About a year ago, two things happened that got me interested in watching birds. First, we moved to a new apartment, one that's surrounded by more trees than houses, is in a safe neighborhood where we can keep windows and blinds open, and is on the second floor above a steeply sloping yard, making for some fantastic views of tree tops, open sky, etc. It's a little like living in a tree house, and it became hard not to notice the great variety of cool and interesting birds hanging around outside our windows.
Second, I discovered eBird. I don't remember exactly how I stumbled across this amazing website -- it was probably during my search for a reliable online resource for identifying birds, the answer to which, of course, is the Cornell Lab of Ornithology's All About Birds -- but eBird latched onto the data-collecting/science-y side of my personality and quickly drew me in.
For those who don't already know, eBird is a website co-run by the Cornell Lab of Ornithology and the National Audubon Society, where ordinary people around the country/world report the birds they see, and then researchers use that data to learn more about bird behavior, migration patterns, species ranges, and all sorts of other cool things. So eBird is useful both as a place for a single person to keep organized records of what/how many birds they've seen and where (the sort of thing birders do anyway, I'm told), and for scientists to gather tons of data that they otherwise wouldn't be able to get. Basically, eBird is good for me and it's good for science, and that makes it awesome.
I started recording my bird sightings in eBird (the first time I'd recorded any bird sightings at all, ever) on September 10, 2010, almost exactly a year ago. I started with short checklists of birds seen from my apartment windows, looking outside and counting birds for 15-30 minutes at a time, but eventually I recorded checklists for my longer walks in the woods as well. Keeping track of the birds I see on eBird has motivated me to learn more birds, and to get better at identifying them. And it's just satisfying somehow (to me, anyway) to have this magically consolidated and coordinated record of the birds I've encountered. In short, it's taken something that was already fun for me (looking at cool animals) and made it funner!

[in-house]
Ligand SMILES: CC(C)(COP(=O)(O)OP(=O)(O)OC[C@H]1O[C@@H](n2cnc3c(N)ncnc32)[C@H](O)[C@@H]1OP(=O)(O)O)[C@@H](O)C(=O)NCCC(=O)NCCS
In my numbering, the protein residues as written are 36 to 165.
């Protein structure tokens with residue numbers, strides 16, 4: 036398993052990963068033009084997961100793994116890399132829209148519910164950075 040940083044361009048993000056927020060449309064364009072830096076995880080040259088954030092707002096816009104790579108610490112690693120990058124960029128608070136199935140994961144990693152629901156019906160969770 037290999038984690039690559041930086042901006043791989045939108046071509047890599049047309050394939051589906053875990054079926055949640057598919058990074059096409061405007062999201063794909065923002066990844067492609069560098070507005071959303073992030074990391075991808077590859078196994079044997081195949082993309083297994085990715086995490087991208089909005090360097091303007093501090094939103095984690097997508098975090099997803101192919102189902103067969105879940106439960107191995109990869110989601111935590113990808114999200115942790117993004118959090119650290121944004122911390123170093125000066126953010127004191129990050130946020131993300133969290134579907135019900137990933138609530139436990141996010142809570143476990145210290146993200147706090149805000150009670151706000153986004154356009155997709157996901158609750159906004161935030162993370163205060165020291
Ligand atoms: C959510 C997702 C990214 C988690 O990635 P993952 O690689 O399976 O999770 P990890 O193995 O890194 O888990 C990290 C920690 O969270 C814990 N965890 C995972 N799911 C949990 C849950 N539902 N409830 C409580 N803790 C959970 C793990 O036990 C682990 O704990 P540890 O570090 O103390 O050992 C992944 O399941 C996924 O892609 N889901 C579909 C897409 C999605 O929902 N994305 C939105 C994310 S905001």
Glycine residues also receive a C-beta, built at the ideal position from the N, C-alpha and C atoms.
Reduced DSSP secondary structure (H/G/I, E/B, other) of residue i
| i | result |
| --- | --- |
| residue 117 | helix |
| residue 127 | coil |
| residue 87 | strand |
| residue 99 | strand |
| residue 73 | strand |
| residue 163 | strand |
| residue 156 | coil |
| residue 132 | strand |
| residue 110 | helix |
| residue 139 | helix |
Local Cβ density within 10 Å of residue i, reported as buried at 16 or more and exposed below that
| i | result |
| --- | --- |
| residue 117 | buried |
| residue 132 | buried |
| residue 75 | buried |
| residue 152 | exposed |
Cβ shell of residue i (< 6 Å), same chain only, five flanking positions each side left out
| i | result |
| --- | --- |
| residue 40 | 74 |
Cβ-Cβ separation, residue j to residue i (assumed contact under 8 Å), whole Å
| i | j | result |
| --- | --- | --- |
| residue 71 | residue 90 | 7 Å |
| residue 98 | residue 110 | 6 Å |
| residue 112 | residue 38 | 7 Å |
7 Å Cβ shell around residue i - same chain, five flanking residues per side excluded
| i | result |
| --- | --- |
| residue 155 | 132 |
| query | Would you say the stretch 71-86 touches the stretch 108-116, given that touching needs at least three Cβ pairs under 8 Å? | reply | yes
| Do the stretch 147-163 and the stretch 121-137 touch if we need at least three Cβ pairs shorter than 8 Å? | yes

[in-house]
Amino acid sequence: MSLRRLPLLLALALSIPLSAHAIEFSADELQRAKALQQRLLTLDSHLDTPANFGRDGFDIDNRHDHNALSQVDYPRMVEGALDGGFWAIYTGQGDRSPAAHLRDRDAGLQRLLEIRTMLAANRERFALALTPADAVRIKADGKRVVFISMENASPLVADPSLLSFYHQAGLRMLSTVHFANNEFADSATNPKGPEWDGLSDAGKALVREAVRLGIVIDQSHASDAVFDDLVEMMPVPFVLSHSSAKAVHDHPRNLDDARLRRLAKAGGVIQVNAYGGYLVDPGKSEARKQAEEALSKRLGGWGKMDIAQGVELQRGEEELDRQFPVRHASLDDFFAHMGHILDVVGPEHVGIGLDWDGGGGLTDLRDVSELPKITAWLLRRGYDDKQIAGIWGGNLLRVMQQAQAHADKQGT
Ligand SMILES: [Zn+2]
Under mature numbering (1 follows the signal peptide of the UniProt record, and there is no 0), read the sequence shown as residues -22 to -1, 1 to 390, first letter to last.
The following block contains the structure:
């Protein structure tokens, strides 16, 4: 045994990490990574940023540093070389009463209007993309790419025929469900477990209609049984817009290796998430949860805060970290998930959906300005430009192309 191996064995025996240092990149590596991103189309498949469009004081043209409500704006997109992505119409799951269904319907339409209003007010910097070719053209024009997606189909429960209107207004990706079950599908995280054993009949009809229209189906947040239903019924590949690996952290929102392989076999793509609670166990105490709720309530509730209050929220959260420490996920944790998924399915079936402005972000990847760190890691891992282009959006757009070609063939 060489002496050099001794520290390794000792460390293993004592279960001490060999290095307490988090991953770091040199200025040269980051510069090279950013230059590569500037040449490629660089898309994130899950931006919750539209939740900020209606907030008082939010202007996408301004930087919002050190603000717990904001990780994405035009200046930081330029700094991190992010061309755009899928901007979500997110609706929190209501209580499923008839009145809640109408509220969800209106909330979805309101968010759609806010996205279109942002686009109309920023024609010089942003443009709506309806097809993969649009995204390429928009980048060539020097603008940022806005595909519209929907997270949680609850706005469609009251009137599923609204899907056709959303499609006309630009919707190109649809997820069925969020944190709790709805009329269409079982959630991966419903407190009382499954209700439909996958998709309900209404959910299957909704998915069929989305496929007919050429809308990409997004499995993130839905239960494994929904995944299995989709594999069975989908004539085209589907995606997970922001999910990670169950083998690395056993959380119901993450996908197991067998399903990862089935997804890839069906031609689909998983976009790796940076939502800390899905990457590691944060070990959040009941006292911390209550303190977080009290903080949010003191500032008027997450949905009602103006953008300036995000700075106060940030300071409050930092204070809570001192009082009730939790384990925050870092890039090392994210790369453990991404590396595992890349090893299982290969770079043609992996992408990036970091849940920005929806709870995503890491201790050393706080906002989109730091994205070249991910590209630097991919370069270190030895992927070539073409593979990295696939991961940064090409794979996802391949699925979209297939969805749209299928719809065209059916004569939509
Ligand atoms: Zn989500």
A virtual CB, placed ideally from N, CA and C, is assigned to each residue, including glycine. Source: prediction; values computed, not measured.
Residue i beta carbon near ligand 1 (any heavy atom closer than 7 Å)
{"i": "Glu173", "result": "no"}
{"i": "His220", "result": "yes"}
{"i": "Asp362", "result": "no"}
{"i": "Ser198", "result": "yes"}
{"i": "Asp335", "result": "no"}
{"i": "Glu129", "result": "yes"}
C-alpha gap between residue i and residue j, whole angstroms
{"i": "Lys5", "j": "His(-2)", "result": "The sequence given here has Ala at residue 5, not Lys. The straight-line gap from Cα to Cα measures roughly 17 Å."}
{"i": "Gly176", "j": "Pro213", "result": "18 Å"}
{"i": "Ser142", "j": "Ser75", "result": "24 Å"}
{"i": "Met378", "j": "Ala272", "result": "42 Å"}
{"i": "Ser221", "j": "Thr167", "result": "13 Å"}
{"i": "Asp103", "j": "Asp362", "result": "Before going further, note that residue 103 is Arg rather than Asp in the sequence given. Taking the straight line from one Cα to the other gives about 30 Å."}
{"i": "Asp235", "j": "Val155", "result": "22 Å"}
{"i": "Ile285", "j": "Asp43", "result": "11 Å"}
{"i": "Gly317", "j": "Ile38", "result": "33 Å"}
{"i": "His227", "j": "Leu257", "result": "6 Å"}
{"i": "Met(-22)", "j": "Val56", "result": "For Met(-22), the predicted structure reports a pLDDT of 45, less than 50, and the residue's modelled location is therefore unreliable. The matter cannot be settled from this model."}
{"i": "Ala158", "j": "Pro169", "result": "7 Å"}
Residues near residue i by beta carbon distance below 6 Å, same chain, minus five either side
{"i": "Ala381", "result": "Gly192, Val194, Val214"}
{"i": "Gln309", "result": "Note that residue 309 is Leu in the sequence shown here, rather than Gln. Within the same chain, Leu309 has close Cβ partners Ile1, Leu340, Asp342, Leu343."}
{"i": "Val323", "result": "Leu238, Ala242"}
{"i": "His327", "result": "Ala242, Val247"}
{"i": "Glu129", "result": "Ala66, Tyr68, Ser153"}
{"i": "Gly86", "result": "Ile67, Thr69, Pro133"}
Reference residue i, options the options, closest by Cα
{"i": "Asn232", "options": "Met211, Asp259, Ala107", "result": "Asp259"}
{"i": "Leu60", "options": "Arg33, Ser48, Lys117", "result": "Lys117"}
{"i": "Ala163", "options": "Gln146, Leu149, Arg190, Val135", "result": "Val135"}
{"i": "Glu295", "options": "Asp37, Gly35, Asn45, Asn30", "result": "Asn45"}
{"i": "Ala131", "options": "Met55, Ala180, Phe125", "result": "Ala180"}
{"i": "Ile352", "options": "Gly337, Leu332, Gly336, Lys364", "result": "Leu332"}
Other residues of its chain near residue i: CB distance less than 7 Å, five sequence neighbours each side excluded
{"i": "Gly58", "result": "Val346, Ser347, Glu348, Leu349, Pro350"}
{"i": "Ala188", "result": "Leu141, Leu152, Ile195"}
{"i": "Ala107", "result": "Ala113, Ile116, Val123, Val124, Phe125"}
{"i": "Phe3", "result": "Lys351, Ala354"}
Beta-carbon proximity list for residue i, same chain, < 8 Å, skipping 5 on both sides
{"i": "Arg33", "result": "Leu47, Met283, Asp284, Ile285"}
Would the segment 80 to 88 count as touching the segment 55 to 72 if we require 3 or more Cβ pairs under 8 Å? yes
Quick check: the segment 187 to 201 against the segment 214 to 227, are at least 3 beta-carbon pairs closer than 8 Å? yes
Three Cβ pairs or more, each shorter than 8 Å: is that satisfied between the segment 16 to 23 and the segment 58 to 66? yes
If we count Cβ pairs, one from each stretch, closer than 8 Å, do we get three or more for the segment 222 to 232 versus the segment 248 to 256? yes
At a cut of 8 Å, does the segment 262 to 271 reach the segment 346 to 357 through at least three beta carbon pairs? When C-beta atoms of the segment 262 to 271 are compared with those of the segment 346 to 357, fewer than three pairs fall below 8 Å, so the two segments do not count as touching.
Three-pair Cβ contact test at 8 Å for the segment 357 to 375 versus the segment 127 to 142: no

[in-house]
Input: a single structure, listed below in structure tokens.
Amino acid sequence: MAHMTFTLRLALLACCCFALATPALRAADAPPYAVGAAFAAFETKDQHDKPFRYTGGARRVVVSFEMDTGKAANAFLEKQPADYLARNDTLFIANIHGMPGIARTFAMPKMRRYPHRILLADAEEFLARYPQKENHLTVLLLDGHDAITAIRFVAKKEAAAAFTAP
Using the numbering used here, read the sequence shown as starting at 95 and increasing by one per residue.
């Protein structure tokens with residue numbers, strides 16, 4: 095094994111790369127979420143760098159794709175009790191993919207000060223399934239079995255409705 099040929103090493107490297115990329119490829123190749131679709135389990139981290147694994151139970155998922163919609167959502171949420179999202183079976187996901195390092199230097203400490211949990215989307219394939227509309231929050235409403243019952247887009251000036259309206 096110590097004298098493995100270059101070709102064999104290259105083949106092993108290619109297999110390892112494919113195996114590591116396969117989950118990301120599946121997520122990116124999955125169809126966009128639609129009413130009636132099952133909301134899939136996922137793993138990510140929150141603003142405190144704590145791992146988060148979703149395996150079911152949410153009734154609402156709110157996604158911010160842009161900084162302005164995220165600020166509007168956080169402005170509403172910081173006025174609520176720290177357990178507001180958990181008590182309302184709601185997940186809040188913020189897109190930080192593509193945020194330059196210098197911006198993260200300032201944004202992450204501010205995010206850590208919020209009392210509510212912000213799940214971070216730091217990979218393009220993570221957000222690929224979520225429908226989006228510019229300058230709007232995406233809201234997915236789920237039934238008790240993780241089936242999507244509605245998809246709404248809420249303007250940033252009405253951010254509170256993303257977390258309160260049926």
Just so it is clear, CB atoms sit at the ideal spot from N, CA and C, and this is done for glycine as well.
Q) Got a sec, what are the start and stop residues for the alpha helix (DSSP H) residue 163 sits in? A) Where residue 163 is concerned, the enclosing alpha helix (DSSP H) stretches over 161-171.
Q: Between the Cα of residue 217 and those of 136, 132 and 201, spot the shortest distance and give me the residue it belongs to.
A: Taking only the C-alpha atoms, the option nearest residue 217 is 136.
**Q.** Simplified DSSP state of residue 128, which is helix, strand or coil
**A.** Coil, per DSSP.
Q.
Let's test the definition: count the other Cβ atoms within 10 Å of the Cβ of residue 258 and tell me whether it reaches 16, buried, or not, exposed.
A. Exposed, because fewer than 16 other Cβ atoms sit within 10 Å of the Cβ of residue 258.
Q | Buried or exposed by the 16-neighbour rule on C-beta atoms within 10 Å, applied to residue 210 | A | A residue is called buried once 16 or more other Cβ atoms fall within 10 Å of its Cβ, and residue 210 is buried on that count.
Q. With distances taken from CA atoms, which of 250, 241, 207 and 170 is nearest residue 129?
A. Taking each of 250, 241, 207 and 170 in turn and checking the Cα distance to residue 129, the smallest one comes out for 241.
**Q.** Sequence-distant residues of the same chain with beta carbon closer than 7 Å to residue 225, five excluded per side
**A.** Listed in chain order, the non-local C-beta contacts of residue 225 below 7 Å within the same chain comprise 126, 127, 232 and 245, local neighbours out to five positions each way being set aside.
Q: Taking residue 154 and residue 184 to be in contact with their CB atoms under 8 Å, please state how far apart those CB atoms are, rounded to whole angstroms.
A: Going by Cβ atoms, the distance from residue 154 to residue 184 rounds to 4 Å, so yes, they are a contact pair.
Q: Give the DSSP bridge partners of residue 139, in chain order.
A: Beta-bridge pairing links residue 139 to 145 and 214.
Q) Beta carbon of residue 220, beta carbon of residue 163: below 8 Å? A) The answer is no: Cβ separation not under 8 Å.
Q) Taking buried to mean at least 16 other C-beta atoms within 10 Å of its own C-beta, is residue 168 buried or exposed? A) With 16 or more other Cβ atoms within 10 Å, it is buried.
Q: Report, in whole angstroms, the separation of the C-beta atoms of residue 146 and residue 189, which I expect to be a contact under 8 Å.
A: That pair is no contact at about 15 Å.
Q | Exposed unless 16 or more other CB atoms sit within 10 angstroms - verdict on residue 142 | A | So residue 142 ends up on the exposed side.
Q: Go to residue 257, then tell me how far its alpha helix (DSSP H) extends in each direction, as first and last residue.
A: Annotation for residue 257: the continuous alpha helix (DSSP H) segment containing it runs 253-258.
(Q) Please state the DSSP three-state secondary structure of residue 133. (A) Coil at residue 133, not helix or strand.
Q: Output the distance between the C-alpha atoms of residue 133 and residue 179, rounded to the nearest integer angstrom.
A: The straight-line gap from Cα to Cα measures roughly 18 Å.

Anyway, I thought it'd be interesting to celebrate my one-year anniversary of eBird by sharing some of my results-so-far. One of the coolest things about eBird is that it can show you graphical charts of bird sightings organized by week for any given spot/area/region/etc. -- and this can be a chart of your own personal sightings, or the consolidated sightings from everyone in the area. Basically, the bigger the bar in a given week, the more frequently I saw (and reported) that bird in that week.
So without further ado, here's my chart for a year of bird-watching from my apartment windows:
There are so many interesting things to see in this data, and also a lot of artifacts from my own personal life. There are no reports for the third week of May because I was out of town (wedding week). The bars during the summer months are all really big because I only reported 2 or 3 checklists per week during that time -- I was getting distracted with other things... gardening, walking in the woods, visiting family -- whereas the the bars have a much wider range in the winter months because I was mainly cooped up in my apartment and looking out of my windows a lot. I reported fewer birds overall in October and November because I was still learning how to identify birds and I simply wasn't confident enough in my identification skills. (I'm still not an expert, but I definitely know more now.) The ducks show up only in the winter months and early spring because that's when the bare trees didn't block my view of the stream across the street. There could be birds down there right now and I wouldn't know it because I can't see them.
So the chart is a mixture of all sorts of restrictions and coincidences, but looking past the holes you can definitely see trends. We get Chimney Swifts in the summer and White-throated Sparrows and Dark-eyed Juncos in the winter. We have warblers that pop in for a visit in the spring and fall, and Chickadees, Titmice, and Blue Jays that stay all year round (maybe not the same individuals, but the same species at least). And 48 different species overall sounds like a pretty big number to me, considering I probably couldn't have even named that many species this time last year. (OK, maybe I could've, but still.) It'll be really interesting to see how this chart evolves as I keep recording birds through another year!
For comparison -- although it's far from complete -- I'll close with a similar chart of my sightings at Naugatuck State Forest for the year. The great majority of these reports come from the reservoir area, which is where I most frequently visit, although a few are from the meadows to the north; different habitats, but a single forest, so I feel OK lumping all the data together.
OK, now I can go back to posting pictures of animals rather than pictures of data, although I think both are cool. :)